Pitbulls and BSL

Pitbulls and BSL

If you own a pitbull (or are just a lover of them) you likely know that pitbulls are wonderful dogs but are unfortunately are subject to some intense discrimination. Pitbulls can often be kind and affectionate animals (you better be prepared for some kisses) but there is a lot of research to suggest they are dangerous dogs. Because of this, places like Ontario, Canada do not allow pitbulls. We believe STRONGLY at Pitbull Tough that this is an unfair law, and that a well trained pitbull is a great family dog. Although we support raw feeding for dogs and balanced training, I think this article is a great breakdown of what a pitbull is like. 

Its super important to remember that every dog needs training, including pitbulls. They often are high energy dogs, who are very stubborn, and can try to be dominate in situations. Because of this, they need a handler who is confident in laying down boundaries and giving them strong leadership. But the hard work entirely pays off because so often they are snuggly love bugs who just want your attention. Pitbulls now might be for everyone, as they might require more training and exercise than other more laid back breeds.

BSL (breed specific legislation) exists in Ontario, which is supposed to prevent people from having pitbulls. However there are a lot of ways Ontarian's are getting around these laws. You can actually foster a pitbull in Ontario with certain restrictions in place (like having them wear muzzles out in public). Pitbull and bully breed rescues like Bullies In Need or Tyson and Friends are a great option for both fostering and adopting if you are interested. A lot of vets or animal rescues will classify unmicrochipped dogs as something other than pitbulls (some kind of mix) and I usually find no one bothers you as long as there is not an issue. That being said, I would avoid dog parks as they are very misunderstood dogs, and people are quick to point fingers. BSL has not stopped people from owning pitbulls, it merely made organization find ways to circumvent the rules.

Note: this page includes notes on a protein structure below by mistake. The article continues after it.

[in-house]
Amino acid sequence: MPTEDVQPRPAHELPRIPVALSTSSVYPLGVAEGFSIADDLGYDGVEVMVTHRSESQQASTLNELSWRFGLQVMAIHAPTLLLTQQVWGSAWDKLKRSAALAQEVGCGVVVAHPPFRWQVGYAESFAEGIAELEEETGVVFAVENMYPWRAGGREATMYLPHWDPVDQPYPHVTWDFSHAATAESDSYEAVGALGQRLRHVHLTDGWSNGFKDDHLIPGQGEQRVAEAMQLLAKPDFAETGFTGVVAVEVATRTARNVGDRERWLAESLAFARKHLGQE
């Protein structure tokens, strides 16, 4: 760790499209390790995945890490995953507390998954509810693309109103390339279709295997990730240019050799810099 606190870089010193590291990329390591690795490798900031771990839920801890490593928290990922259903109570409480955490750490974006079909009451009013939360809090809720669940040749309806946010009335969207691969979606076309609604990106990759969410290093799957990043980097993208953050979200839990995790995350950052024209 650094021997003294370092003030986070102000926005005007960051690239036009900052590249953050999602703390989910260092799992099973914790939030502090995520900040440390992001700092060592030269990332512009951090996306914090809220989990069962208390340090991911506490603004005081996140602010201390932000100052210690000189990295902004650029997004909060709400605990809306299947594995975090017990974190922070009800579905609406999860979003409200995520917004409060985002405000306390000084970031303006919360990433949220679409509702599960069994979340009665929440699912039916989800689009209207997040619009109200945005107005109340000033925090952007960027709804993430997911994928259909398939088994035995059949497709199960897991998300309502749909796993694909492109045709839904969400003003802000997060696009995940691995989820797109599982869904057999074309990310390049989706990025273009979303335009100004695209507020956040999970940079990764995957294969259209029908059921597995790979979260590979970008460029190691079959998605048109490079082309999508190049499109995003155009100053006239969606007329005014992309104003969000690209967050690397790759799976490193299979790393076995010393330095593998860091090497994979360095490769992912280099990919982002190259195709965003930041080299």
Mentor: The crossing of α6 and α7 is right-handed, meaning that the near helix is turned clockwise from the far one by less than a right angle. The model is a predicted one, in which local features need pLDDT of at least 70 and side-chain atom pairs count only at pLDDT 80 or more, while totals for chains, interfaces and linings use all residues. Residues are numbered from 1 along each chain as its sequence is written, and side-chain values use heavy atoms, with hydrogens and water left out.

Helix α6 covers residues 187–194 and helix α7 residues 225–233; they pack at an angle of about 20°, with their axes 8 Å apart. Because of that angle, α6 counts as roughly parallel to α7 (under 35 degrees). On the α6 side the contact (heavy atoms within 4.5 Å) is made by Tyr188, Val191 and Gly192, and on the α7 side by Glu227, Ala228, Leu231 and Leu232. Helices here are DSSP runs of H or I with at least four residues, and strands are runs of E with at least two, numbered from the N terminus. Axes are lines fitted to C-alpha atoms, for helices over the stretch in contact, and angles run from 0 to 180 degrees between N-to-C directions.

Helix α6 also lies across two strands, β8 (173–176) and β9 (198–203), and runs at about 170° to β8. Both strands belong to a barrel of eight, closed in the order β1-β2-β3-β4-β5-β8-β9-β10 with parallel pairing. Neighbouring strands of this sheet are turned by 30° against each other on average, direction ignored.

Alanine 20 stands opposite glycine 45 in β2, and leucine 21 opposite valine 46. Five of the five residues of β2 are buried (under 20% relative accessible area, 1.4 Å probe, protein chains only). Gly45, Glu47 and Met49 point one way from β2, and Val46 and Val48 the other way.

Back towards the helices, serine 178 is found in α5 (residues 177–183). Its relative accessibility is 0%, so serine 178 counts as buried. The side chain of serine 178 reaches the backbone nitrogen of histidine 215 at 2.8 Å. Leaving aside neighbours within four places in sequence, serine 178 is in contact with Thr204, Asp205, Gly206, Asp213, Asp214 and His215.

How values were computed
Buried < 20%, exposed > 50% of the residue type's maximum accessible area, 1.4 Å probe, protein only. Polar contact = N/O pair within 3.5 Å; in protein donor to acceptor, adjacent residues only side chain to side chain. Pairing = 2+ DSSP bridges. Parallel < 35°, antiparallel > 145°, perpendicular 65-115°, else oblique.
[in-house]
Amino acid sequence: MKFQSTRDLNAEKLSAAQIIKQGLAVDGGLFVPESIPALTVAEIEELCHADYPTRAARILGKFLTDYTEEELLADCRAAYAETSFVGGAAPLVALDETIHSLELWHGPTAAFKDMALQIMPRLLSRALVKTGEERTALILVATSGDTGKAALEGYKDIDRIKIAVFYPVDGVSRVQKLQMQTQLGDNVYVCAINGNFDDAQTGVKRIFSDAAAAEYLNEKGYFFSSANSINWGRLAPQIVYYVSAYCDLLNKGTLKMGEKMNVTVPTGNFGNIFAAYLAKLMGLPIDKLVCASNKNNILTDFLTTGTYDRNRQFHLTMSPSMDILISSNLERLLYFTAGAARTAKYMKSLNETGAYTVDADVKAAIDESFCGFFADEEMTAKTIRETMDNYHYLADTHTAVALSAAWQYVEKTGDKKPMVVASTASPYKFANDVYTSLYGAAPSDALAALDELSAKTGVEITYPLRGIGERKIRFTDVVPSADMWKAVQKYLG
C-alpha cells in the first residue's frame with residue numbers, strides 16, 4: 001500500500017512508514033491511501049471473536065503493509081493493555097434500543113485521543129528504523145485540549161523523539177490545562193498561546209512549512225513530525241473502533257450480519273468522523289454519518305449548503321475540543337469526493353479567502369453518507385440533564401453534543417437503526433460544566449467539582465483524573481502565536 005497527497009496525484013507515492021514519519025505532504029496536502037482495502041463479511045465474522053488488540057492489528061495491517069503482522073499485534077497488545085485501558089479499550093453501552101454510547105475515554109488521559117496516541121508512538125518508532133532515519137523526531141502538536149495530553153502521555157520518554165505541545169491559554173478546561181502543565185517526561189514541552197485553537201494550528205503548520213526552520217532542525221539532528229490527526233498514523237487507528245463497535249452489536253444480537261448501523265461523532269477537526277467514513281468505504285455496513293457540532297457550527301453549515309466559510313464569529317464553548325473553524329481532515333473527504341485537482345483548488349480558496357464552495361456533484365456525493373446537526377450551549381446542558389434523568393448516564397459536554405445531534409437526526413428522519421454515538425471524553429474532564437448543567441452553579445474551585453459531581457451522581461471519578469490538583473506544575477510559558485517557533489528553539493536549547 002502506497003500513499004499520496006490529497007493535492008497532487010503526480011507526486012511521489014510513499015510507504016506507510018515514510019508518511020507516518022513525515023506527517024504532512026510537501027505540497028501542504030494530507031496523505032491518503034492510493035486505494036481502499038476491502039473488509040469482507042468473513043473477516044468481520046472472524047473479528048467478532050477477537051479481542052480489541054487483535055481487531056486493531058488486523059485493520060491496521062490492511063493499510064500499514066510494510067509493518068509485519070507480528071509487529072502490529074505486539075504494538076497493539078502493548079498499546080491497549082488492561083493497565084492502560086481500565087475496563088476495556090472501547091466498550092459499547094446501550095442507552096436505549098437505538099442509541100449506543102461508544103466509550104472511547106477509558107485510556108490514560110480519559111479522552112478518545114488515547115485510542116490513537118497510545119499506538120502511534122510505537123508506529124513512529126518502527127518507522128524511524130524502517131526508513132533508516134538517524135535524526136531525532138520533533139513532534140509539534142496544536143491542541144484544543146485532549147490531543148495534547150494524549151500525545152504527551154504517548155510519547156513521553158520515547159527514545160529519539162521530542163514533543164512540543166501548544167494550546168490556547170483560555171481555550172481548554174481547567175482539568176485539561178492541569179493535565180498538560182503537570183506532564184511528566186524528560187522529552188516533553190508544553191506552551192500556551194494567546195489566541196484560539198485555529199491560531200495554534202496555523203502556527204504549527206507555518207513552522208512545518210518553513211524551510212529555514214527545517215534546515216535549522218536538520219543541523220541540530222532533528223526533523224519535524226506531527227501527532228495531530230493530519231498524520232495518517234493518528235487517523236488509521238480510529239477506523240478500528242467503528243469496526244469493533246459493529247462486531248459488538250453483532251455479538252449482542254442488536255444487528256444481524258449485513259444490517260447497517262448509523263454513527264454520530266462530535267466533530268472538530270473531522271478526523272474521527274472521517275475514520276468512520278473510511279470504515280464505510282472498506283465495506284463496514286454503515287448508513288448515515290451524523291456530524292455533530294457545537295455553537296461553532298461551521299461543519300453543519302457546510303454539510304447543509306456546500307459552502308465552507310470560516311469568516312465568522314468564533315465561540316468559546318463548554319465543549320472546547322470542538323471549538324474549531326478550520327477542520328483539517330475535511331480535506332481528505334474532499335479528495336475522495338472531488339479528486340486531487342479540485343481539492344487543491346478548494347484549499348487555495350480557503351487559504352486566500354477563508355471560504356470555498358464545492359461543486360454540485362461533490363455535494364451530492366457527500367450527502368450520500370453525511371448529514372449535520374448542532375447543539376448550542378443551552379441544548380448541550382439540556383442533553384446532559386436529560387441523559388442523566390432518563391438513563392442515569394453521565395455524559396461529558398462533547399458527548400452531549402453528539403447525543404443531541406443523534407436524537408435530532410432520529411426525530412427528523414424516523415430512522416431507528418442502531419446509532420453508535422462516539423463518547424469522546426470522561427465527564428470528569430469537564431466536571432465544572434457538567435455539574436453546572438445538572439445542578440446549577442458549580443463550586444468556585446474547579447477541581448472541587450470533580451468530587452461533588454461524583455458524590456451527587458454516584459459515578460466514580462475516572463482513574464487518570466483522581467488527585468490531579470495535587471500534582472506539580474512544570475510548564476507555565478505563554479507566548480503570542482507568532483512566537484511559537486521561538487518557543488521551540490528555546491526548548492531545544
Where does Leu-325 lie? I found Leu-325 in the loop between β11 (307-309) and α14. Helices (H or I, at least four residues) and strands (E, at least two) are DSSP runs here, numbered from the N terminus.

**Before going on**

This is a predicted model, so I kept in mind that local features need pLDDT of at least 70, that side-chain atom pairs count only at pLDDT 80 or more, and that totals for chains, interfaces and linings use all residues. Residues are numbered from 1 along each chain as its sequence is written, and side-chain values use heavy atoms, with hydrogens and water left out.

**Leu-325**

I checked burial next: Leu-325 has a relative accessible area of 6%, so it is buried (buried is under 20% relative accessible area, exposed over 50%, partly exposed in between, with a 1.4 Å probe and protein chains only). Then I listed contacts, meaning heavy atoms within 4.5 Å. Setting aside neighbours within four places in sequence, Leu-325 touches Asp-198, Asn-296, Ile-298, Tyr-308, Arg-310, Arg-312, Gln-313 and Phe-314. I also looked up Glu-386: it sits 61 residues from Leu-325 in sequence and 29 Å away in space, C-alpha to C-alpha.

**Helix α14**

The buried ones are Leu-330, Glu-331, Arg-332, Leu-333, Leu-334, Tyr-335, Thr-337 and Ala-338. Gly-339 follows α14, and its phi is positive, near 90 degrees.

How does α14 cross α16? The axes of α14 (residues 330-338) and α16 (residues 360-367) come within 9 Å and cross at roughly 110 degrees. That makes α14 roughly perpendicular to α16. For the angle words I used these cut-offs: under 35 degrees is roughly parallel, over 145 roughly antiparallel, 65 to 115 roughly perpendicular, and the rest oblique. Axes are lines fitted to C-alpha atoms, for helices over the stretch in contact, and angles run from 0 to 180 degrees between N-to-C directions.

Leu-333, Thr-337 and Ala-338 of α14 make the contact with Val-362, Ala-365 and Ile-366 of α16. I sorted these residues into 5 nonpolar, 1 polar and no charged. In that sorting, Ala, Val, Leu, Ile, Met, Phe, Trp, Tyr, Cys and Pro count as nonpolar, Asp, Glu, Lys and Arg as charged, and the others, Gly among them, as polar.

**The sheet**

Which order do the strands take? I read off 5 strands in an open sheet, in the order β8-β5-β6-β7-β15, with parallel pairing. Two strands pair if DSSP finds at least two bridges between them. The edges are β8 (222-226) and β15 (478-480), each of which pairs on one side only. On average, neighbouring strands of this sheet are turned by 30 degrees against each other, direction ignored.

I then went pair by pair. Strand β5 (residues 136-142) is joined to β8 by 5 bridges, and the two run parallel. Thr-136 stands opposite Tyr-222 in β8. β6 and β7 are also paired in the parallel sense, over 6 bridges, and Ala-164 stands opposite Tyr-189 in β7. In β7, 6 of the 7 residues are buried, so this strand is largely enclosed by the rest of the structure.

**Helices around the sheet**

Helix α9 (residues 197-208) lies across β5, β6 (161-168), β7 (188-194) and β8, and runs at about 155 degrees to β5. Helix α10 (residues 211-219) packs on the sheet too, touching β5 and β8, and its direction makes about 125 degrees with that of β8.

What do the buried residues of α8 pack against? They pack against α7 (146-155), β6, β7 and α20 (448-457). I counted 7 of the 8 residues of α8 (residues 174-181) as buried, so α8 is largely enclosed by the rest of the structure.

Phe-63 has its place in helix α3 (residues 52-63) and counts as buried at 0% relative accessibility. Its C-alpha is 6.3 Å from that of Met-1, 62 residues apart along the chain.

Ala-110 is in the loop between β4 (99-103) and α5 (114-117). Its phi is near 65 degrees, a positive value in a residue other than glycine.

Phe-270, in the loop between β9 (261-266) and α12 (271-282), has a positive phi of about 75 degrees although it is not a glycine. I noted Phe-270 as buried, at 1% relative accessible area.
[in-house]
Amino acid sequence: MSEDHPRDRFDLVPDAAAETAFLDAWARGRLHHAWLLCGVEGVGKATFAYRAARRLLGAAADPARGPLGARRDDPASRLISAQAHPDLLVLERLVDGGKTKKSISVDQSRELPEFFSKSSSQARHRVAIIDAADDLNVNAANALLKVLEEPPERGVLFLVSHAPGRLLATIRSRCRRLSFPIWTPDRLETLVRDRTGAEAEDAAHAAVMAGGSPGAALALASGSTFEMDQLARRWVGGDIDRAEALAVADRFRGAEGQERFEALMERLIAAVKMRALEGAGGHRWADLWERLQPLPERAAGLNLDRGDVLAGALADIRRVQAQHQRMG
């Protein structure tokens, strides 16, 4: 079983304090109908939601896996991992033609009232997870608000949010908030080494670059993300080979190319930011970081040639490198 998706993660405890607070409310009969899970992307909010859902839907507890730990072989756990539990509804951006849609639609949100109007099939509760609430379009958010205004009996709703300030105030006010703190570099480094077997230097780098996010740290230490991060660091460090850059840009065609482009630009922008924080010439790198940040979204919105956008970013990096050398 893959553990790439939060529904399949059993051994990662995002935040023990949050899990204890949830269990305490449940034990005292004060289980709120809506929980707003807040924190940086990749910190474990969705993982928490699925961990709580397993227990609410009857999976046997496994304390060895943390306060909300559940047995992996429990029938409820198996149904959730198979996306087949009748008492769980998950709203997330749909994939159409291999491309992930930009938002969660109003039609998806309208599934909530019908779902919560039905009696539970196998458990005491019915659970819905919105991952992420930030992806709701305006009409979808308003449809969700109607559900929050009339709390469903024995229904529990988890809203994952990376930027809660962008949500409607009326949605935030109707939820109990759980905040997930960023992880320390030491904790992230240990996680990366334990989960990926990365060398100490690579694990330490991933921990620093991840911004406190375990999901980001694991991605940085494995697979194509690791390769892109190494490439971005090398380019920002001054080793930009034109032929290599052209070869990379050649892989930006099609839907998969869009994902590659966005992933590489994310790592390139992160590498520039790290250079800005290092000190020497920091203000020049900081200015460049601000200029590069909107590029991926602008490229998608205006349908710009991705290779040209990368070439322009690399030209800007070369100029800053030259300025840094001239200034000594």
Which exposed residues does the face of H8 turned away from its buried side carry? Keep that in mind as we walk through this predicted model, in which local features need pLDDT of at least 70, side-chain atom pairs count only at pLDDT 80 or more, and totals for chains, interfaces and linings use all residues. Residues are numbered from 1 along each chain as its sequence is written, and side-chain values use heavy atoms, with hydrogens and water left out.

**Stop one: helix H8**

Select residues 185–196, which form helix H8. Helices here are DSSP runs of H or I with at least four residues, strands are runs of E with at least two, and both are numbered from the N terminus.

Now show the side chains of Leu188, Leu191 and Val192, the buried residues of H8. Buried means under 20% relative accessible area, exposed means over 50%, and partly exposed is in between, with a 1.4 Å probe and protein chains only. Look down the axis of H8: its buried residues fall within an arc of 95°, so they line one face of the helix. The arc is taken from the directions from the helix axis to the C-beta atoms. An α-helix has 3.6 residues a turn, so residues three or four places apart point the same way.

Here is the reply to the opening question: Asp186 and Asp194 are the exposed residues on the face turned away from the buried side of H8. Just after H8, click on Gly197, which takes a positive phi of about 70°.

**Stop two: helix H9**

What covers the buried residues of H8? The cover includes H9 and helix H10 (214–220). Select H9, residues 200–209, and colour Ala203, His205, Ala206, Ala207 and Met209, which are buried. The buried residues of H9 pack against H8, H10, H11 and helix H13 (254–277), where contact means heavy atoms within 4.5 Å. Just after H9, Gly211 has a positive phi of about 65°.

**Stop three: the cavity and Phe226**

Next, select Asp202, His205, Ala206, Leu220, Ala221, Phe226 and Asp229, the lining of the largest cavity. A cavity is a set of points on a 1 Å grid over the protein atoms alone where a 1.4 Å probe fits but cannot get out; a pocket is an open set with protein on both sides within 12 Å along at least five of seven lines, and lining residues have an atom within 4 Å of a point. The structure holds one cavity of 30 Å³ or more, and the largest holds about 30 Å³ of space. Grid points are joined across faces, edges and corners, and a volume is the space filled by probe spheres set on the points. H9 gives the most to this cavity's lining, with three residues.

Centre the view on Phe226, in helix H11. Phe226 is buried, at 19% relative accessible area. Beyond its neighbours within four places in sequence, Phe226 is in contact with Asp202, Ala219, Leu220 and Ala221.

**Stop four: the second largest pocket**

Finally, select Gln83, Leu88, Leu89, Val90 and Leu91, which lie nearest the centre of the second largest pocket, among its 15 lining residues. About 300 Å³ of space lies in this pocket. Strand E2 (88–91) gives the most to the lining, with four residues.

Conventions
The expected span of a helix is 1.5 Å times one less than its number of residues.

In Ontario, a bill was proposed to change the BSL regulations, but unfortunately covid derailed the plans. Since BSL was enacted in Ontario, it actually hasn't helped reduce the number of dog bites. In fact, evidence is suggesting a trend upwards in dog bites. Part of the problem with the ban is that it's very difficult to enforce (the police don't have time to run around catching any dog that looks like a pitbull), it's hard to determine if a dog falls under the ban (since pitbulls by nature are a mix), and most rescues/shelters/vets do not support BSL. So unfortunately the ban has done nothing to fix dogs attacks and bites, and has created unfair biased towards a dog while also putting them in harms way. Many pitbull dogs have been put down because of BSL, if they felt the dog was not capable of rehabilitation or rehoming (generally after being pulled by a dog fighting situation). Pitbulls are already at an unfair advantage since they are so regularly seen as dangerous dogs, so it makes them prime targets of dog fighting rings or for poorly trained "guard dogs". BSL furthers that belief by banning these dogs and not giving them the chance they deserve to be kind and wonderful companions. 

So what does this all mean, and what is the solution? The BEST solution in my opinion is to have ALL dog owners put through dog training. Dog training is incredible important for both humans and dogs, as it teaches you how to manage your dog appropriately. If people are required to go through proper training for their dogs, it would be the best chance for ALL DOGS to get the help that they need and live their best life possible. Put onus on the dog handler, and not the dog themselves. 

 If you are interested in reading more and taking action, here are a few links below. Please feel free to share this information with others, so we can finally dispel the dangerous dog belief and end BSL in Ontario.

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